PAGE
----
Is your sponsor someone who likes to have a constant trickle of information provided? If so, try to catch him or her for 5 minutes every day with a short, informal status update. On the other hand, if your sponsor is one of those who likes complete information and formal reports, structure your interactions around weekly or monthly detailed progress updates.
However, don’t think this is about being a slave to your sponsor’s style of work. Most sponsors will respond well to suggested ways of doing things – but only once you have developed their trust.
When you have worked out a practical way of interacting with your sponsor life is considerably easier, but what about the situation in which you really need your sponsor’s help urgently?
If you need your sponsor’s help try to be clear about why you need it. Why can’t you solve the issue yourself? Often the answer to this question is obvious. Be prepared to explain this. Be specific and clear in any requests for help. “I need your help to do ..... I cannot do this myself because ... an ideal outcome for the project is ...”.
One thing senior managers really hate is being asked to make a complicated and important decision without advanced warning and without any time to think about it. Try to warn your sponsors in advance of big decisions coming up. “Next week I will need help with ....”.
Sometimes advanced warning is not possible - emergencies do happen on projects. If you have built up your sponsors expectations that there may be decisions you need made rapidly, then this conversation is easier than if the request for help is a complete surprise.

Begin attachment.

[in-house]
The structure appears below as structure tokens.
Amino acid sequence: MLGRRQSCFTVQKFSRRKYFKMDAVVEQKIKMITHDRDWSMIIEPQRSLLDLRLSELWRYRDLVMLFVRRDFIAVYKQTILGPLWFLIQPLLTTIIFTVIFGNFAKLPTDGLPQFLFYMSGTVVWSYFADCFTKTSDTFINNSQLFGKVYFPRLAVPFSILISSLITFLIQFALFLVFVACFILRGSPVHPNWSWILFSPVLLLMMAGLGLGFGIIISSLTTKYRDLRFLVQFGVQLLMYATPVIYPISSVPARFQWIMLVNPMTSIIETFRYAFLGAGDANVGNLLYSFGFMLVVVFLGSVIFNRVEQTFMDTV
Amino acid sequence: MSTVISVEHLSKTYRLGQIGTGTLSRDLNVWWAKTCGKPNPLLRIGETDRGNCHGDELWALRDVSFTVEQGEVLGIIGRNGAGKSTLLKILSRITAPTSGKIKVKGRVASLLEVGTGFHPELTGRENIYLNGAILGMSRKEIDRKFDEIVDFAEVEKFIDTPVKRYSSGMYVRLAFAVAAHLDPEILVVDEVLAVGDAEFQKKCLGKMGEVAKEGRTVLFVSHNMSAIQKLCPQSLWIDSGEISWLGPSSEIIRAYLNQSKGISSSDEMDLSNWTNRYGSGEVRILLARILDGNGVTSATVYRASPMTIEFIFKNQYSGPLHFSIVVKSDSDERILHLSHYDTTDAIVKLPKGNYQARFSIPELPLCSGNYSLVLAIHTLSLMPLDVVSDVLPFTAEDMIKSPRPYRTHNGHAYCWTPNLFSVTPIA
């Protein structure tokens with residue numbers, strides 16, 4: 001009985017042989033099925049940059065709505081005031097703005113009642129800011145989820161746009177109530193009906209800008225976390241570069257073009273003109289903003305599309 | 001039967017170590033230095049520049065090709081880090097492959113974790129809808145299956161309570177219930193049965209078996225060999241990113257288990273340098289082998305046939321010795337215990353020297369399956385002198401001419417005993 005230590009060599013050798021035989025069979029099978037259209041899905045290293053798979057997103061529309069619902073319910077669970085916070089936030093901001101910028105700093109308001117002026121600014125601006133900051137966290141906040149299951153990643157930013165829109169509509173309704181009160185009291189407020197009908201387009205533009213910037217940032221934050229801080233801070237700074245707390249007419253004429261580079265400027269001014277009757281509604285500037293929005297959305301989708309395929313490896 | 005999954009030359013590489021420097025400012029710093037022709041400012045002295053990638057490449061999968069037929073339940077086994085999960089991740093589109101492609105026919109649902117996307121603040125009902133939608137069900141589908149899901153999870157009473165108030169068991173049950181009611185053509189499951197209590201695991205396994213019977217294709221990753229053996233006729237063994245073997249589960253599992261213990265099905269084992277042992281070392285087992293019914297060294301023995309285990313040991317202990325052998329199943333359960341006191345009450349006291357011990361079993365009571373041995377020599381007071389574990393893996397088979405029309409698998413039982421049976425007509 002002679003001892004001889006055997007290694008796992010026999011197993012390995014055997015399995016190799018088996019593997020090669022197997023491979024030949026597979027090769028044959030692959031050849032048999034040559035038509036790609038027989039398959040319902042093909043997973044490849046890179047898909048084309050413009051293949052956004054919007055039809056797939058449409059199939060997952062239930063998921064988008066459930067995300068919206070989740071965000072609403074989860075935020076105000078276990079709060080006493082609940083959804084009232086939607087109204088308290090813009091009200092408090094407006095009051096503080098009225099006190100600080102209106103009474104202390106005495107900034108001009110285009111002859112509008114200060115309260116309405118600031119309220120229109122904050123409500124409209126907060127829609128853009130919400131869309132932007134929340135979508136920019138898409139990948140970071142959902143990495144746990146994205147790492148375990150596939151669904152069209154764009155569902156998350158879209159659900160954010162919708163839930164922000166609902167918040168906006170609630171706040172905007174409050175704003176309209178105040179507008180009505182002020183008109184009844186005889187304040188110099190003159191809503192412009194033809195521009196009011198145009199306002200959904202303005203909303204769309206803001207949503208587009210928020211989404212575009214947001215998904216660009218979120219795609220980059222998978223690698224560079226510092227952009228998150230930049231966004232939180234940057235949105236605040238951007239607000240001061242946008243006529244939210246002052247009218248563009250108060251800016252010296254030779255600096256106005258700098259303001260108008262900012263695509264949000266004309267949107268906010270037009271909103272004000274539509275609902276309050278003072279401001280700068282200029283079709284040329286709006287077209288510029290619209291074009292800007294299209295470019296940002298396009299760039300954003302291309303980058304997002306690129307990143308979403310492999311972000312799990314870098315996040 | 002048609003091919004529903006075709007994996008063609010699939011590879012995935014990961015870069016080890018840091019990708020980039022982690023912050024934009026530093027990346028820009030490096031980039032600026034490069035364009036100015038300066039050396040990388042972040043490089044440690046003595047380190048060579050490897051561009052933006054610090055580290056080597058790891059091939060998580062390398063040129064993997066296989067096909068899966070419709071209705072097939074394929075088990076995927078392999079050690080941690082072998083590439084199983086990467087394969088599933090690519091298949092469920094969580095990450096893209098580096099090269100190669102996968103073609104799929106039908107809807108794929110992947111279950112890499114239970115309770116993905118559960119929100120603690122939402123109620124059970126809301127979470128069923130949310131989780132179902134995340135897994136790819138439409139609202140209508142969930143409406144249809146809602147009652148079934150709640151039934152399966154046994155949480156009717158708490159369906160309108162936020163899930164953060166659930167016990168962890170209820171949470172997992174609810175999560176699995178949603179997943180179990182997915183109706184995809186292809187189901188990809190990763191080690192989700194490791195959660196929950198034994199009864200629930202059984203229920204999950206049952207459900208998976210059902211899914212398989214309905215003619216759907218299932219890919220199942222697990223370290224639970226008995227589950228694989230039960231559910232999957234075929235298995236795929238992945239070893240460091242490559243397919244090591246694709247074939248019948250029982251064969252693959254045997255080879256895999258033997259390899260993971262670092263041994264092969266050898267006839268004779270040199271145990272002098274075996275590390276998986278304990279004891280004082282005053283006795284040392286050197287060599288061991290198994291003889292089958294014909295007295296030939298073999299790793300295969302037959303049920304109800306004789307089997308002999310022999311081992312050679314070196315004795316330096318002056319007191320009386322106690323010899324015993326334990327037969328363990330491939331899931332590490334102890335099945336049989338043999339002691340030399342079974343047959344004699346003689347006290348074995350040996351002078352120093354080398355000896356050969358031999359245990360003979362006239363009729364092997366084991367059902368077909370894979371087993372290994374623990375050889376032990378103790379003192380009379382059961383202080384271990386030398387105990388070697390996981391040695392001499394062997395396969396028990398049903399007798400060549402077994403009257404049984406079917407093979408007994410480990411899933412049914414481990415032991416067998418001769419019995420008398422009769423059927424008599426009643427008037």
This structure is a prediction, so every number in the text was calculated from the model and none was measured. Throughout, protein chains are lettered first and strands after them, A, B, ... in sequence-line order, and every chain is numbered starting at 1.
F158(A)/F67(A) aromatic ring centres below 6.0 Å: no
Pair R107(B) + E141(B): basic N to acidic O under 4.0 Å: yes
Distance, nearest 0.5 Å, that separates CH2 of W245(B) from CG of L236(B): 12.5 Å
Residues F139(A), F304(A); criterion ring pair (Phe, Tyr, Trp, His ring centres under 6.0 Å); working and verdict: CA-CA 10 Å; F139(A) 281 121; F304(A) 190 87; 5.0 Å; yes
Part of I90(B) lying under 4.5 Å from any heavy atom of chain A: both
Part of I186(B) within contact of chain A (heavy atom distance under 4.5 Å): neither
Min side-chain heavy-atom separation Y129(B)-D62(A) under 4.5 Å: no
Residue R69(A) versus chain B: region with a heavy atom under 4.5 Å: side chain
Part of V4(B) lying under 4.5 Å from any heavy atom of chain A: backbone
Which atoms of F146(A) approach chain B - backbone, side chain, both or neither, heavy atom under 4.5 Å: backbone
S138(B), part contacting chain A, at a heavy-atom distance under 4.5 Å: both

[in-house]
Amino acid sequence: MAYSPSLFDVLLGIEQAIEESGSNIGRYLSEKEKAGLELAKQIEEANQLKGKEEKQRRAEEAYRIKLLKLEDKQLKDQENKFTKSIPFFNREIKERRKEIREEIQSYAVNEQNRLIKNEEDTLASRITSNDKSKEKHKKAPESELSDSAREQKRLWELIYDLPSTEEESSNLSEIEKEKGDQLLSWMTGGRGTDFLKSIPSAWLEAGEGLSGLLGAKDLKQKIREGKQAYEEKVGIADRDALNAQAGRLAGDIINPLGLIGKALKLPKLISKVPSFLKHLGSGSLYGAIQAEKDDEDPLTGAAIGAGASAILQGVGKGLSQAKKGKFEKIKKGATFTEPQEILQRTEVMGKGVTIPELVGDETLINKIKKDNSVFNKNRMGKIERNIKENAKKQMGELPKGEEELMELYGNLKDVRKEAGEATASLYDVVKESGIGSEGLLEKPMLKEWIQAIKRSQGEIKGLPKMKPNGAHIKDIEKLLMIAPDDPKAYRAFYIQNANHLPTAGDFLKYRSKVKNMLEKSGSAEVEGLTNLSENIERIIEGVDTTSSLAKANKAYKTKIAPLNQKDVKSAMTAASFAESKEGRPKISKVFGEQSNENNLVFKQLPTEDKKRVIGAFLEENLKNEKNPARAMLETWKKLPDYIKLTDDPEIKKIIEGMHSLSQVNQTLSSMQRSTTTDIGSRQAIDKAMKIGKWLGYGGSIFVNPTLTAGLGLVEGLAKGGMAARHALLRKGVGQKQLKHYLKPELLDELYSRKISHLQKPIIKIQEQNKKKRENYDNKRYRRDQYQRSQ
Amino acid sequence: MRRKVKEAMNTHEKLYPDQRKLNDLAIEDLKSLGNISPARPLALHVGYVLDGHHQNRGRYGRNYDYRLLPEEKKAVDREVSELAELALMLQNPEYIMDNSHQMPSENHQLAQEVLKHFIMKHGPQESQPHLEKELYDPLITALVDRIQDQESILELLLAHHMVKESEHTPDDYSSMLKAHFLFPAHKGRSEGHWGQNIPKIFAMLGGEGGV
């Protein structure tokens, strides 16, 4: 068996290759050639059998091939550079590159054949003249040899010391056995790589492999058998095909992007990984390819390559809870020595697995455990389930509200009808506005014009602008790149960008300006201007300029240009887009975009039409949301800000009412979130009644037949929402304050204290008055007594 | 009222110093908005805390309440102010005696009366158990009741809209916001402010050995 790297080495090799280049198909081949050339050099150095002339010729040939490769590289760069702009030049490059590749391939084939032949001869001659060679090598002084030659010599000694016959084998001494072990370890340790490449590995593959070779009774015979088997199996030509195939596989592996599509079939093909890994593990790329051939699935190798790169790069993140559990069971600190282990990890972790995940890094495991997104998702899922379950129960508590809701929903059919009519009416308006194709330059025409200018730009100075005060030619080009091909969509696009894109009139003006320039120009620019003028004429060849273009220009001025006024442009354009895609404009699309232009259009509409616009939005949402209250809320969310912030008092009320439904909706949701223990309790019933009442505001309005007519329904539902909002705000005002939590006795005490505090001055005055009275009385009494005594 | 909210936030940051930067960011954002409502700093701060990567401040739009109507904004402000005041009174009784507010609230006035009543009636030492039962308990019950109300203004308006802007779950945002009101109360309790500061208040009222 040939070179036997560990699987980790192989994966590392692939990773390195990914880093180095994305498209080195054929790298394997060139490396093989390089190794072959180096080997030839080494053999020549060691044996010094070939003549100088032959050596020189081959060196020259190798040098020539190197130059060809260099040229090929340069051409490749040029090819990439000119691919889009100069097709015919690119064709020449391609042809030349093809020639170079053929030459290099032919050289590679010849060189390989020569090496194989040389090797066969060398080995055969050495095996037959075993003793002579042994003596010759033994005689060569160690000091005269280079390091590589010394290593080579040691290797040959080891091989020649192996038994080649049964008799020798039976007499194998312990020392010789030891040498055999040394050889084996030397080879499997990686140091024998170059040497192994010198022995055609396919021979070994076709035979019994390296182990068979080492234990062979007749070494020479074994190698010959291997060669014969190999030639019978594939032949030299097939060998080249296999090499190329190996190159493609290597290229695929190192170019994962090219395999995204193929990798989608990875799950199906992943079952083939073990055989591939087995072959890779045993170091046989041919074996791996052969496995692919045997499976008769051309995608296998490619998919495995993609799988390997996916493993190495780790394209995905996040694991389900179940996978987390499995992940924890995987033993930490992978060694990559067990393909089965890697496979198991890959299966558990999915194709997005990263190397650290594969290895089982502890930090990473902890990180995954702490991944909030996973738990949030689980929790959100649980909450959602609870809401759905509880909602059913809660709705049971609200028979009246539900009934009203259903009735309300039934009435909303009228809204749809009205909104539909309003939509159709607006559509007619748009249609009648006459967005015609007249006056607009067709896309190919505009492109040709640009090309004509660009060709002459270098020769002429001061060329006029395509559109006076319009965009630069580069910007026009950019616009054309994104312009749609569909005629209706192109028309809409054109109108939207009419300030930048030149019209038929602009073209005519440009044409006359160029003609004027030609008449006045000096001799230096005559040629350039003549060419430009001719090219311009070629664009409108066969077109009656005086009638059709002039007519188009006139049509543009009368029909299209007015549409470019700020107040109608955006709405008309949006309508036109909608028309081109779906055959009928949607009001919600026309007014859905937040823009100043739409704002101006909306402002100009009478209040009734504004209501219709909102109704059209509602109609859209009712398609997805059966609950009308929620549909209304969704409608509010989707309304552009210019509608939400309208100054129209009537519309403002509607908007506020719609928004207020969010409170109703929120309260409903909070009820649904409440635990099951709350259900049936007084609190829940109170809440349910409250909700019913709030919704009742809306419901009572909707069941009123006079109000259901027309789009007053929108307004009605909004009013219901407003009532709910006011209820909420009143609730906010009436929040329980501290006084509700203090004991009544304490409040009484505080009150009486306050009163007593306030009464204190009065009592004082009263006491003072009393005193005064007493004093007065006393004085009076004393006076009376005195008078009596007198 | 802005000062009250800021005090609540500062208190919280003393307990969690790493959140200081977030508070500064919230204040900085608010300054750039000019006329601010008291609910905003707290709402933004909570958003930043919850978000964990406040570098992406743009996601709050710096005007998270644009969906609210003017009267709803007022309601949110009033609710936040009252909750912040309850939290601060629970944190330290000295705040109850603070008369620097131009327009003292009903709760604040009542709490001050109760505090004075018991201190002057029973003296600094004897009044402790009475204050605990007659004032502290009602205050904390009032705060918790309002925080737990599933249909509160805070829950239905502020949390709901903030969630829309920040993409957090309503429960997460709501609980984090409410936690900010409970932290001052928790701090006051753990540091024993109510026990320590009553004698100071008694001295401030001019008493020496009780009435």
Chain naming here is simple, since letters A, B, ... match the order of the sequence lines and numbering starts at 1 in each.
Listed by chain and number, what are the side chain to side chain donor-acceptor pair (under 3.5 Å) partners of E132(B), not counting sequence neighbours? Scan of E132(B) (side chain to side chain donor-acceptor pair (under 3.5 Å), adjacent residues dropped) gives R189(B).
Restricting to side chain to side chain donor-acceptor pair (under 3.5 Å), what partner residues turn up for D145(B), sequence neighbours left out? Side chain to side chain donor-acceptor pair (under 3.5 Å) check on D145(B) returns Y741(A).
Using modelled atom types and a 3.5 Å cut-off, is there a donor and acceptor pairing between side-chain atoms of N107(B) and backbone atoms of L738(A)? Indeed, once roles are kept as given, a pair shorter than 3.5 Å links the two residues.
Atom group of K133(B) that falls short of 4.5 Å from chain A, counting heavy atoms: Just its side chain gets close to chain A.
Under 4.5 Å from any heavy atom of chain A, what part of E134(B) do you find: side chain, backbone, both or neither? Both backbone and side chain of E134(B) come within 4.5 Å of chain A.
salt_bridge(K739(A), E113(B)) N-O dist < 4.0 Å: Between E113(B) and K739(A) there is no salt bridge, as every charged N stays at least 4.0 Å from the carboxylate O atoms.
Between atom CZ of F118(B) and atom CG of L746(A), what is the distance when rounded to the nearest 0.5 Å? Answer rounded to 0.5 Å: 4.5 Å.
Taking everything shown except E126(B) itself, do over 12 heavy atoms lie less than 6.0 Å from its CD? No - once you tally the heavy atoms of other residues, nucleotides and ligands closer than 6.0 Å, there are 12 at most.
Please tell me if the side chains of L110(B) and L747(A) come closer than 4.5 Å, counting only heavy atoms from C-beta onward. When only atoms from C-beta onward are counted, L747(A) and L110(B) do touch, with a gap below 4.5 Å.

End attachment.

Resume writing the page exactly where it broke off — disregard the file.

See things from their perspective
Look at the world from the sponsor’s viewpoint. Most sponsors are busy people and your project is just one thing amongst many they are working on. What do they want from you? They want the confidence that everything is under-control. You need to deliver, keep them informed, and make sure if a problem arises they are the first to know. But they also want to know that when you use their time it is worthwhile. Here is the time for judgement. If you escalate every problem to a sponsor you are not doing your job as a project manager. On the other hand, if you wait until disaster looms to involve them, you are increasing risk on the project.
Avoid hands off sponsors by regularly involving them in decisions and debates about the project. But also avoid a micro-managing sponsor by giving them confidence you know what is going on with accurate, regular updates. Make sure you are their trusted source of information and they are not getting better status updates from anywhere else.
Make it feel as if it is in their interest to be a good sponsor. Play their egos a bit. Statements of the form “I need your expert help in this area ...”, “this is something that needs a senior viewpoint on ....”, usually help.
There are nightmare sponsors out there who will always make your life difficult. The only advice I can give there is try to avoid them and their projects. Fortunately, the really difficult sponsors are rare. Most senior managers and executives are capable and willing to be good sponsors. Sometimes they just need a little help.